# Easy way to convert factors zu numbers

Converting factors to numbers in R can be frustrating. Consider the following sitation: We have some data, and try to convert a factor (sex in tips, see below) to a numeric variable:

library(tidyverse)
library(sjmisc)   # for recoding
data(tips, package = "reshape2")
glimpse(tips)
#> Observations: 244
#> Variables: 7
#> $total_bill <dbl> 16.99, 10.34, 21.01, 23.68, 24.59, 25.29, 8.77, 26.... #>$ tip        <dbl> 1.01, 1.66, 3.50, 3.31, 3.61, 4.71, 2.00, 3.12, 1.9...
#> $sex <fct> Female, Male, Male, Male, Female, Male, Male, Male,... #>$ smoker     <fct> No, No, No, No, No, No, No, No, No, No, No, No, No,...
#> $day <fct> Sun, Sun, Sun, Sun, Sun, Sun, Sun, Sun, Sun, Sun, S... #>$ time       <fct> Dinner, Dinner, Dinner, Dinner, Dinner, Dinner, Din...
#> $size <int> 2, 3, 3, 2, 4, 4, 2, 4, 2, 2, 2, 4, 2, 4, 2, 2, 3, ... Ok, here we go. Say, we want "Female" = 1 and "Male" = 0. tips <- sjmisc::rec(tips, sex, rec = "Female = 1; Male = 0") glimpse(tips) #> Observations: 244 #> Variables: 8 #>$ total_bill <dbl> 16.99, 10.34, 21.01, 23.68, 24.59, 25.29, 8.77, 26....
#> $tip <dbl> 1.01, 1.66, 3.50, 3.31, 3.61, 4.71, 2.00, 3.12, 1.9... #>$ sex        <fct> Female, Male, Male, Male, Female, Male, Male, Male,...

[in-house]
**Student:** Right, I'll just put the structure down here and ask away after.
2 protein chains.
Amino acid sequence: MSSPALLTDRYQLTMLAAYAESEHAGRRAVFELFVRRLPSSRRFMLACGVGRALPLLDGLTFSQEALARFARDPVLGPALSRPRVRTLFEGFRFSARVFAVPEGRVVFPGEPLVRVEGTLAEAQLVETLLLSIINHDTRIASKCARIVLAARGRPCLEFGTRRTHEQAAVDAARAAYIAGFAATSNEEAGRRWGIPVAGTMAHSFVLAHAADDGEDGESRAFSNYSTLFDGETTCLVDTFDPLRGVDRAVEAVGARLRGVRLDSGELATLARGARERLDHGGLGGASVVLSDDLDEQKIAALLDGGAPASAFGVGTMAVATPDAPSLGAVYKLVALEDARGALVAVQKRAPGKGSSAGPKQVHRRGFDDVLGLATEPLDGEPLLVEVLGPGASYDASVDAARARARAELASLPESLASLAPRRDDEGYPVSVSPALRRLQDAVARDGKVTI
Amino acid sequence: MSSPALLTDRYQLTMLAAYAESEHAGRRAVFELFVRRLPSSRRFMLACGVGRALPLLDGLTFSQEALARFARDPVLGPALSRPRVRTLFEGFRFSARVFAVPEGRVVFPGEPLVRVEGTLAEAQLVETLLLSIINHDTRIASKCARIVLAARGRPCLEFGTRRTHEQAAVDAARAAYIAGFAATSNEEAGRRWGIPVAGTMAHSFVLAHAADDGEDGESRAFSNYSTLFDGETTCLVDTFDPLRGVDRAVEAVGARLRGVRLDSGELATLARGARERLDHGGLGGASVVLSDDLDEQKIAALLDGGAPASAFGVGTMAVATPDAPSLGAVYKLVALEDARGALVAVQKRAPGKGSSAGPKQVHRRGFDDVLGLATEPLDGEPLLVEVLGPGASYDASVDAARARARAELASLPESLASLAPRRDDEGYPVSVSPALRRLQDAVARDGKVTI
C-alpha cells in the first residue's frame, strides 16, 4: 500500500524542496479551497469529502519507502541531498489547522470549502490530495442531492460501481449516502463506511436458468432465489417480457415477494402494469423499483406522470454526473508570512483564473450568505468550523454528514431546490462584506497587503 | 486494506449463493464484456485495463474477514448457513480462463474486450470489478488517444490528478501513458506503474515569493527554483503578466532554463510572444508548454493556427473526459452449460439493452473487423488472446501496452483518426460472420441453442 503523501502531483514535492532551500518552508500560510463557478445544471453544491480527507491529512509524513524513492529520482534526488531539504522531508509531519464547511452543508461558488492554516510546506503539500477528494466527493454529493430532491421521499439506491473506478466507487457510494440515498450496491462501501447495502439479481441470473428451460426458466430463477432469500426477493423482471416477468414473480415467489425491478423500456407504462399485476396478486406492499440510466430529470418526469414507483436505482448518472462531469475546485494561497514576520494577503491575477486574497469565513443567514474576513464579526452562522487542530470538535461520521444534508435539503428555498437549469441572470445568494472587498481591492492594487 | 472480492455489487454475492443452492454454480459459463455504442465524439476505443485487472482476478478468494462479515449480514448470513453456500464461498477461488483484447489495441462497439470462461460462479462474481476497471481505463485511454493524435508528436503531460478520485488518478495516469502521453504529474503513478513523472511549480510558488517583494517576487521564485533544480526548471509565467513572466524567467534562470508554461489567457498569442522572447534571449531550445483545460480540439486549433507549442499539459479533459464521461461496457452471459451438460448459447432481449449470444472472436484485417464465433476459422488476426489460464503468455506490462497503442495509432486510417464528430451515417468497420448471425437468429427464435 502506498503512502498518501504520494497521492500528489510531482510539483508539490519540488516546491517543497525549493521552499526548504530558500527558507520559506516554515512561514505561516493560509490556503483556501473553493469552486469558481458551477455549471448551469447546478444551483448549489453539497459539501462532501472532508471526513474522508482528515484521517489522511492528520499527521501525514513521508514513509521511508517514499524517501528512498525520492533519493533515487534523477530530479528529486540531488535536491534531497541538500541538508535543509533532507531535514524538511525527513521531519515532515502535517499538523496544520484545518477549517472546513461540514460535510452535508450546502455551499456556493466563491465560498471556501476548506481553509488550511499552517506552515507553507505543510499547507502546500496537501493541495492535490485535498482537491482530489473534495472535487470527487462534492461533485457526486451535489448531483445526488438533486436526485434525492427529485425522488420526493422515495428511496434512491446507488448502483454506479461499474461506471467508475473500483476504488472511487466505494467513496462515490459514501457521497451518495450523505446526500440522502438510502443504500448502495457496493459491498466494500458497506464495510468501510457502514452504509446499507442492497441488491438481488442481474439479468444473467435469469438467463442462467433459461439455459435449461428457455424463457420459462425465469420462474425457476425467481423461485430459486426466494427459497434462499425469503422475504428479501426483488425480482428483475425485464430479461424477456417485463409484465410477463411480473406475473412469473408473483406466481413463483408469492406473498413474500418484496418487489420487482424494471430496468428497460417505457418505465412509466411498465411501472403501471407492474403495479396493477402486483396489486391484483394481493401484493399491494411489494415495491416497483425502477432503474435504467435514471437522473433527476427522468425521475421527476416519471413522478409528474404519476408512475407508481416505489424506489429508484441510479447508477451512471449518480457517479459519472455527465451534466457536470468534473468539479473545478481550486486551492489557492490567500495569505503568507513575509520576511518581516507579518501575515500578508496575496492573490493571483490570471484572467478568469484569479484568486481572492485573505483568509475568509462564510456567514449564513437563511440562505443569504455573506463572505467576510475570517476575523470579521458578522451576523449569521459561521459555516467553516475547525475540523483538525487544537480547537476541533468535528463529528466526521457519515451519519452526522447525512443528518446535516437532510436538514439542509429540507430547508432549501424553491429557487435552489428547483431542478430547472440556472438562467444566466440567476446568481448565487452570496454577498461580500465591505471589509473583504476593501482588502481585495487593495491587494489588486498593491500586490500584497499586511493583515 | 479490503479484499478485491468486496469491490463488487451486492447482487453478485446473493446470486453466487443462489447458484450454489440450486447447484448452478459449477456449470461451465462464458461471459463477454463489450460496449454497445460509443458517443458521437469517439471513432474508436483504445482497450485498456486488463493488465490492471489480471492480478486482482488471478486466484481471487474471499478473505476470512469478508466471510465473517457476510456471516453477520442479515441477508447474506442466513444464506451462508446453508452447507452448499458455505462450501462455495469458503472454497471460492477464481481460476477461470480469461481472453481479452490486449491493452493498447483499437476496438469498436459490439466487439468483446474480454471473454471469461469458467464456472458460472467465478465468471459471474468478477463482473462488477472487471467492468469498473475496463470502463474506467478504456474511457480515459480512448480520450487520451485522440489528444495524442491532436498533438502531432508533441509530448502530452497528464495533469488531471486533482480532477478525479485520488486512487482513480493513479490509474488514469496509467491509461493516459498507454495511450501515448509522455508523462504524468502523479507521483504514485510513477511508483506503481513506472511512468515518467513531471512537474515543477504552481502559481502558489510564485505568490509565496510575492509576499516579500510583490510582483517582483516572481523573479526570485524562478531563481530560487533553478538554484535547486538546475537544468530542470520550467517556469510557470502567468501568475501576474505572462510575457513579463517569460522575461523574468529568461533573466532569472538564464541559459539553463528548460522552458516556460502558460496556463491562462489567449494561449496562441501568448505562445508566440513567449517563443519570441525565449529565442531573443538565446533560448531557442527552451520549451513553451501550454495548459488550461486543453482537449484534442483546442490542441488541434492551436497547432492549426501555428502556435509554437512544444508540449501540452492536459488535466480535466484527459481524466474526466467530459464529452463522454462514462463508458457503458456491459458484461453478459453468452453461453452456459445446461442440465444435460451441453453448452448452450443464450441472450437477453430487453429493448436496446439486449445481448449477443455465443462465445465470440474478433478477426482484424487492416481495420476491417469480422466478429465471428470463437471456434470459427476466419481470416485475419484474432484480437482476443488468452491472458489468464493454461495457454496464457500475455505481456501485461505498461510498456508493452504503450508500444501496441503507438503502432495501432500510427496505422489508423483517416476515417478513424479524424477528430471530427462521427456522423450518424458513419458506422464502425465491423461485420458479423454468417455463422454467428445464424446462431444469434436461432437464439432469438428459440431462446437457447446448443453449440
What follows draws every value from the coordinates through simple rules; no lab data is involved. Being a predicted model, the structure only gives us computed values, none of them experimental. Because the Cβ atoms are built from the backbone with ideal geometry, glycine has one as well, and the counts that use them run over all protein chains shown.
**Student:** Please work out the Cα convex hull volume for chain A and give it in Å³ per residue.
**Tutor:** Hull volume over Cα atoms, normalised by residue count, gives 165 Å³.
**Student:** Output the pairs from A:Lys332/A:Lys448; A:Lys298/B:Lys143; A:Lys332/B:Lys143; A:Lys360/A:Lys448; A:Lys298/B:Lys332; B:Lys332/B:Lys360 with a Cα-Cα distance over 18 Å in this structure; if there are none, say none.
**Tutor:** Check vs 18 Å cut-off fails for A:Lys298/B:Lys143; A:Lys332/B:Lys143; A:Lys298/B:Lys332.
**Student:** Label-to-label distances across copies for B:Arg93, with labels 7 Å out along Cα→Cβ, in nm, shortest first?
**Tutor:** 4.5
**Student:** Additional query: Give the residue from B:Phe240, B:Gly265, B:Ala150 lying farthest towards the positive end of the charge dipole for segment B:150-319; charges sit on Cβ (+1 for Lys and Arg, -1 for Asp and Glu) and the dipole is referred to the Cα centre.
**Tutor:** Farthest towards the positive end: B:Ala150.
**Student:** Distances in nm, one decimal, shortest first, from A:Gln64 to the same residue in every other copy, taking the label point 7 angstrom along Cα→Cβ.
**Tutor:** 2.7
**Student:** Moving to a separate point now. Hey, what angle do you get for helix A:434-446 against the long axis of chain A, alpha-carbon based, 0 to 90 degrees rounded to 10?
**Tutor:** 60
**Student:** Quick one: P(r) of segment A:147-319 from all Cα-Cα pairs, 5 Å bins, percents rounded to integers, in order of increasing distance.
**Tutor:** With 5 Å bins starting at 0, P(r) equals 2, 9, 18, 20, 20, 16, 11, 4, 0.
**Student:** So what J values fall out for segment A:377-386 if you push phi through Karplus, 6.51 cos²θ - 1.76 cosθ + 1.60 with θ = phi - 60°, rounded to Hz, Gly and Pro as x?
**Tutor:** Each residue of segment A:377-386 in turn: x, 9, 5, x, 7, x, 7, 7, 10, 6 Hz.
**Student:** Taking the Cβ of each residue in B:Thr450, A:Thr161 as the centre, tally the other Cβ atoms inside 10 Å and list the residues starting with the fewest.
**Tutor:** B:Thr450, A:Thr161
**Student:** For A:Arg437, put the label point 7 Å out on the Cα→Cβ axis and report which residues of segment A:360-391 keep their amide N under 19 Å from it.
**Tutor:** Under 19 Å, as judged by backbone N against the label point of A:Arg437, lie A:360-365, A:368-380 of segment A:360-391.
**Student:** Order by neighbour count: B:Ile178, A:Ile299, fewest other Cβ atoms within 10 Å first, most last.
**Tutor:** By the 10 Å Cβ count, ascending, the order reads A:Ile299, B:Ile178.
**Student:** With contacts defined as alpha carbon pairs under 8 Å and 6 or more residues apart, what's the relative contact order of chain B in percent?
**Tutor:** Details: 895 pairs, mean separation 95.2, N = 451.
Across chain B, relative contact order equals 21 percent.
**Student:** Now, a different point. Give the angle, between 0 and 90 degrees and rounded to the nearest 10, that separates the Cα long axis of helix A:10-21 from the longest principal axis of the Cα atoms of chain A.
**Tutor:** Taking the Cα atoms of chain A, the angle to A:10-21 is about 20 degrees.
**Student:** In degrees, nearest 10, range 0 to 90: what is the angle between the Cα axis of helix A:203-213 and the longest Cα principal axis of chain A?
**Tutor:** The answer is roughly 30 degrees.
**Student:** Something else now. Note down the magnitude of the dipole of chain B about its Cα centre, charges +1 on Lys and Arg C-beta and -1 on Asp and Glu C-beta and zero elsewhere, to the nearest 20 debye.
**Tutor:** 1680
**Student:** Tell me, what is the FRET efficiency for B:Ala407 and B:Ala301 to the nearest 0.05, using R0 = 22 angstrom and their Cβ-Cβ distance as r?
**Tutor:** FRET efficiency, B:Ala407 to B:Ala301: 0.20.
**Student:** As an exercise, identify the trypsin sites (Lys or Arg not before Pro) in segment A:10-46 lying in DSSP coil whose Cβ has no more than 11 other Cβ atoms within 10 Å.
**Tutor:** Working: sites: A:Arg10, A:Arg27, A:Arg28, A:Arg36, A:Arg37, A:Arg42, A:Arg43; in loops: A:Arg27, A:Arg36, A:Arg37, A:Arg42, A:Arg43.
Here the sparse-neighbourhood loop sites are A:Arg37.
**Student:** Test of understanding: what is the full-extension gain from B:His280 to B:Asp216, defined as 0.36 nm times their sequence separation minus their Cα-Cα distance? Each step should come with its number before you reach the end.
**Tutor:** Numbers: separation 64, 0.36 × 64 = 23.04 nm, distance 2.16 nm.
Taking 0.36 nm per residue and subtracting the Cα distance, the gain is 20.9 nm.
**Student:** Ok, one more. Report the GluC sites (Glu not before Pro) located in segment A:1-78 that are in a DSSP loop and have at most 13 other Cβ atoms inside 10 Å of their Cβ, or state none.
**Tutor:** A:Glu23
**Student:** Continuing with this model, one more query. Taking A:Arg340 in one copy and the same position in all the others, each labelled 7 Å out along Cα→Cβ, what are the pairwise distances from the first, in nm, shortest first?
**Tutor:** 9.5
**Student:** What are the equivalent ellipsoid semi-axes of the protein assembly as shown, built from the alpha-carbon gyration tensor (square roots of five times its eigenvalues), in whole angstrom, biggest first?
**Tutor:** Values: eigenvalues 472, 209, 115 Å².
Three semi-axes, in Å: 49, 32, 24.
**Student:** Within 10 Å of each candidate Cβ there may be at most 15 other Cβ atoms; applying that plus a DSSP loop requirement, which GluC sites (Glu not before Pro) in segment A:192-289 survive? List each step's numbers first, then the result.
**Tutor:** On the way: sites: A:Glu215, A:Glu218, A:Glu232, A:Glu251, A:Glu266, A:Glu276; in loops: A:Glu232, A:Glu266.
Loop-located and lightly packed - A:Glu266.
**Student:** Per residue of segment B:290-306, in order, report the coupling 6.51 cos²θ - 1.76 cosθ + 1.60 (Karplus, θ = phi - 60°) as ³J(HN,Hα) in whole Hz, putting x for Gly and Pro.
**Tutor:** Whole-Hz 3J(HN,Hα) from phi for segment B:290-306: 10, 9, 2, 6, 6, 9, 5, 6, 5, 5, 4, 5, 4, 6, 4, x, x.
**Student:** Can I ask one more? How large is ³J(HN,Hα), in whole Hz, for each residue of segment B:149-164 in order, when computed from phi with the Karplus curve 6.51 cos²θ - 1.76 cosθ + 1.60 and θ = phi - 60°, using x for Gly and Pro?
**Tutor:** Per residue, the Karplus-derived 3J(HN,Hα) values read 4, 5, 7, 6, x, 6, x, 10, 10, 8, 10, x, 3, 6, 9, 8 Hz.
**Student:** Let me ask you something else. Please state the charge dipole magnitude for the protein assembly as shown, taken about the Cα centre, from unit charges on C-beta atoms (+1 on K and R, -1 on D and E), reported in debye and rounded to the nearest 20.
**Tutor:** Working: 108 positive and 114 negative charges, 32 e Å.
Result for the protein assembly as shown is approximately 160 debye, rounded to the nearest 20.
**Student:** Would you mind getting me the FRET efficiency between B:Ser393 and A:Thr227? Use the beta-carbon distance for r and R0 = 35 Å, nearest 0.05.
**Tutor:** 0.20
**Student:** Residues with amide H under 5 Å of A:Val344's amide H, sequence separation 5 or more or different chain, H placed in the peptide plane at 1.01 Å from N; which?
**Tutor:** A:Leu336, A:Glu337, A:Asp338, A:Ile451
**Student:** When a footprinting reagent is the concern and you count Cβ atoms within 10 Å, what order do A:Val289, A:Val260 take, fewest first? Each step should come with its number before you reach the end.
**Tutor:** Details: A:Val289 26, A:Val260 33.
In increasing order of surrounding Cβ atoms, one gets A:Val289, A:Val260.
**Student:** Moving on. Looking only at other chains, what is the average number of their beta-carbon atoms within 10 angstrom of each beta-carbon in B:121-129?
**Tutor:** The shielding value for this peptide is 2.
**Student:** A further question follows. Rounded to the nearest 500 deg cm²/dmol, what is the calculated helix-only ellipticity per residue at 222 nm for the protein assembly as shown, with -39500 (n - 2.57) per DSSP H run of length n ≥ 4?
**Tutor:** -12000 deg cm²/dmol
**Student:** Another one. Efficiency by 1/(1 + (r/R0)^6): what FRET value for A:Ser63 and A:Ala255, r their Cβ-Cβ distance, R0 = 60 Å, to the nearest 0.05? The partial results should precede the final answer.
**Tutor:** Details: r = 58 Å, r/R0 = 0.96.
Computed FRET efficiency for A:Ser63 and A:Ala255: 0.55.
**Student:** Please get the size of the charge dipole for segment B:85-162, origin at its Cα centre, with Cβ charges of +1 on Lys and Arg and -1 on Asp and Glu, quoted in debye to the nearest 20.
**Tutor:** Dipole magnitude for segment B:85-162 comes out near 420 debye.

#> $smoker <fct> No, No, No, No, No, No, No, No, No, No, No, No, No,... #>$ day        <fct> Sun, Sun, Sun, Sun, Sun, Sun, Sun, Sun, Sun, Sun, S...
#> $time <fct> Dinner, Dinner, Dinner, Dinner, Dinner, Dinner, Din... #>$ size       <int> 2, 3, 3, 2, 4, 4, 2, 4, 2, 2, 2, 4, 2, 4, 2, 2, 3, ...
#> $sex_r <fct> 1, 0, 0, 0, 1, 0, 0, 0, 0, 0, 0, 1, 0, 0, 1, 0, 1, ... Seems to have worked so far. Wait, sex_r ist still a factor, not numeric. So convert it using as.numeric: tips$sex_num <- as.numeric(tips$sex_r) glimpse(tips) #> Observations: 244 #> Variables: 9 #>$ total_bill <dbl> 16.99, 10.34, 21.01, 23.68, 24.59, 25.29, 8.77, 26....
#> $tip <dbl> 1.01, 1.66, 3.50, 3.31, 3.61, 4.71, 2.00, 3.12, 1.9... #>$ sex        <fct> Female, Male, Male, Male, Female, Male, Male, Male,...
#> $smoker <fct> No, No, No, No, No, No, No, No, No, No, No, No, No,... #>$ day        <fct> Sun, Sun, Sun, Sun, Sun, Sun, Sun, Sun, Sun, Sun, S...
#> $time <fct> Dinner, Dinner, Dinner, Dinner, Dinner, Dinner, Din... #>$ size       <int> 2, 3, 3, 2, 4, 4, 2, 4, 2, 2, 2, 4, 2, 4, 2, 2, 3, ...
#> $sex_r <fct> 1, 0, 0, 0, 1, 0, 0, 0, 0, 0, 0, 1, 0, 0, 1, 0, 1, ... #>$ sex_num    <dbl> 2, 1, 1, 1, 2, 1, 1, 1, 1, 1, 1, 2, 1, 1, 2, 1, 2, ...

Oh no! That’s not what we wanted! R has messed the thing up (?). The reason is that R sees the first factor level internally as the number 1 . The second level as number two. What’s the first factor level in our case? Let’s see:

factor(tips$sex) %>% head() #> [1] Female Male Male Male Female Male #> Levels: Female Male factor(tips$sex_r) %>% head()
#> [1] 1 0 0 0 1 0
#> Levels: 0 1

That’s confusing: “0” is the first level of sex_r - internally for R represented by “1”. The second level of sex_r is “1” - internally represented by “2”. That’s why we get these numbers:

head(tips$sex_num) #> [1] 2 1 1 1 2 1 ## Solution One solution is to use readr::parse_number(): tips$sex_num <- parse_number(tips$sex_r) head(tips$sex_num)
#> [1] 1 0 0 0 1 0
#> Levels: 0 1